Labour has been presented with an opportunity to change the narrative on welfare


Iain Duncan Smith

The Government’s cuts are dividing society because, in Iain Duncan Smith’s words, they’re “narrowly focused on getting the deficit down”. We are not “all in this together”. The cracks Duncan Smith has created in his own party through resigning prove Labour can take an anti-cuts stance. But that doesn’t just mean attacking their opponents or relying on moral arguments: they need an economic story of their own.

Right now, the power is with Labour. The Conservatives, wedded to welfare cuts, are incompetent – there’s plenty of evidence for this. By his own standards, Osborne has been an abject failure: he didn’t come anywhere near to clearing the debt in the last parliament, like he said he would; the Conservative government is borrowing even more than the Labour government before it, the same Labour government they said spent too much after backing their plans pound for pound; wage growth is weak; insecure work is on the rise; industrial production is shrinking; and the northern powerhouse is nonexistent as spending isn’t fairly distributed between the north and south (48.6% of spending on current infrastructure work goes to London, 0.8% to the north east.)

Osborne’s fondness for slash and burn economics is rapidly losing credence. From Mariana Mazzucato to Paul Krugman economists are roundly dismissing austerity economics as a mistake. Then there’s Duncan Smith, despite his 6-year stint in the DWP, he’s questioning the driving force behind the government’s welfare plan. But, the funfair of his resignation won’t automatically result in a sea change in public opinion. The mood might be shifting somewhat but as recently as July last year, polls still suggested the public were in favour of cutting public spending to deal with the country’s public finances. It seemed to these people that cuts were the best way to repair the country.

So what should Labour do? They need to put in the groundwork to shift opinion, to boldly show: welfare cuts don’t work. Politics isn’t simply about making concessions or thinking that public opinion is static. It’s a politician’s job to convince the public of their message. IDS’s candid attack on his own party is good ammunition but Labour can’t just adopt a moralistic tone where the Tories are “bad” and Labour are “good”. There’s a pre-existing idea that the left occupy a self-righteous moral ground, reinforcing this alone won’t necessarily pick up support.

Now is the time for narrative. When the 2008 financial crash hit, British right wing parties had a clear message fuelled by fear (the Conservatives: “Labour spent too much, we’ll cut it”) and xenophobia (Ukip: “immigrants are our problem, let’s close our borders”). Meanwhile, the status quo was shook to its very core whilst the left, unprepared, were forced to sit back and watch. There was no strong, understandable alternative to austerity. Labour must learn from this and create a message of optimism.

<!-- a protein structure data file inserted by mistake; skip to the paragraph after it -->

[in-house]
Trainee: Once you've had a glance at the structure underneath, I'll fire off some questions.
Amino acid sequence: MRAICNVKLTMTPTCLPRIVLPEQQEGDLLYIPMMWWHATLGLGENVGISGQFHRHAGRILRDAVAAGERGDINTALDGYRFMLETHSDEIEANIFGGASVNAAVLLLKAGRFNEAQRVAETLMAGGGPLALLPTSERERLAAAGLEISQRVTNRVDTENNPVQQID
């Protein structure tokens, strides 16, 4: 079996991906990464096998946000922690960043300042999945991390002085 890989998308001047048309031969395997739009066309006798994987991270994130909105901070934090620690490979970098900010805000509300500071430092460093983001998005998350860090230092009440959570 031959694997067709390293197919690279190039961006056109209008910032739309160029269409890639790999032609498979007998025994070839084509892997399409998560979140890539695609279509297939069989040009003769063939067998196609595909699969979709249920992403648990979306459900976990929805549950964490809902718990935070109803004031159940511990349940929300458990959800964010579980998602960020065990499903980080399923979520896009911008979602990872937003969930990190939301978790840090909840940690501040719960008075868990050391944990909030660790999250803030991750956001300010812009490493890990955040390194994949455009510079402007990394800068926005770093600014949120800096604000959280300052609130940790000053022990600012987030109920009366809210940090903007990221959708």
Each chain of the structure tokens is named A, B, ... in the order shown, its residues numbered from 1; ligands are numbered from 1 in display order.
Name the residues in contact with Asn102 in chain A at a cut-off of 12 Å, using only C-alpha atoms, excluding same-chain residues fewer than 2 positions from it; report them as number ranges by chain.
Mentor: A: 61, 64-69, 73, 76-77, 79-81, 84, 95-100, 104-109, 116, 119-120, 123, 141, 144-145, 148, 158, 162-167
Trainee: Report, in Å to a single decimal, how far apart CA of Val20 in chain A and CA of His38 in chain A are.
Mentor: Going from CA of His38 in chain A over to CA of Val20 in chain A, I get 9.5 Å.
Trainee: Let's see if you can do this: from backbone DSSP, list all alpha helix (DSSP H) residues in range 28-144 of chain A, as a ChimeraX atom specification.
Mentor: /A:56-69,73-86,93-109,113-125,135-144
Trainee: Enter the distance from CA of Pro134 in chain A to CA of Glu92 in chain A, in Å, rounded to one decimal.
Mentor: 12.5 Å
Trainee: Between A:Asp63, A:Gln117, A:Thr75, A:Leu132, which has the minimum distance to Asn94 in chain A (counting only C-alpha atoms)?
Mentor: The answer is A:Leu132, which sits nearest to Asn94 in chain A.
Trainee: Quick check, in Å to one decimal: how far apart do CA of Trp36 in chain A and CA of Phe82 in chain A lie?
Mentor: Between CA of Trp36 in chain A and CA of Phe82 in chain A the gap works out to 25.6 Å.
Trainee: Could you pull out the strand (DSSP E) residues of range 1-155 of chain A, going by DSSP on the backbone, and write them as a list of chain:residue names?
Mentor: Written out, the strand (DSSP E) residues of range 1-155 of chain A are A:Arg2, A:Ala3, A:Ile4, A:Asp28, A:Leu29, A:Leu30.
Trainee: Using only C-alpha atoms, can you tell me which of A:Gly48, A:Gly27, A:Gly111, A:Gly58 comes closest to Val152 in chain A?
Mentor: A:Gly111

John McDonnell’s fiscal credibility rule is the start of an attempt to claw back credibility on the economy. The best way to do this is by making anti-austerity a real, relatable idea. They should use stories to show that welfare cuts don’t work, while making an offer for the working classes and the middle classes; the people who are struggling to make ends meat and the people who are doing ok.

Underneath the narrative, there will of course be complexity: Labour will have substantial policies for the self-employed and small businesses, they’ll be the party of home ownership for the millions struggling to get on the housing ladder, champion gender and race equality and have a proper investment policy for infrastructure and green industry. That way Labour can counter the short-termism of Tory economics, which is riding roughshod over the British people and the environment.

Creating this message is understandably tough, particularly at a time when Labour infighting and vacuous leadership plots are in no short supply. Yet Corbyn and his cabinet must look beyond this pettiness, to the political ground beyond Westminster that is theirs to claim.

Britain is the fifth richest country in the world, but it’s one of the most unequal countries in the EU. Society is going backwards to the inequality levels we saw in Victorian society. It was this environment that led to the rise of the Labour Party; as the Tories tear themselves apart, it is only right now that Labour steps up to the plate with a narrative of their own.

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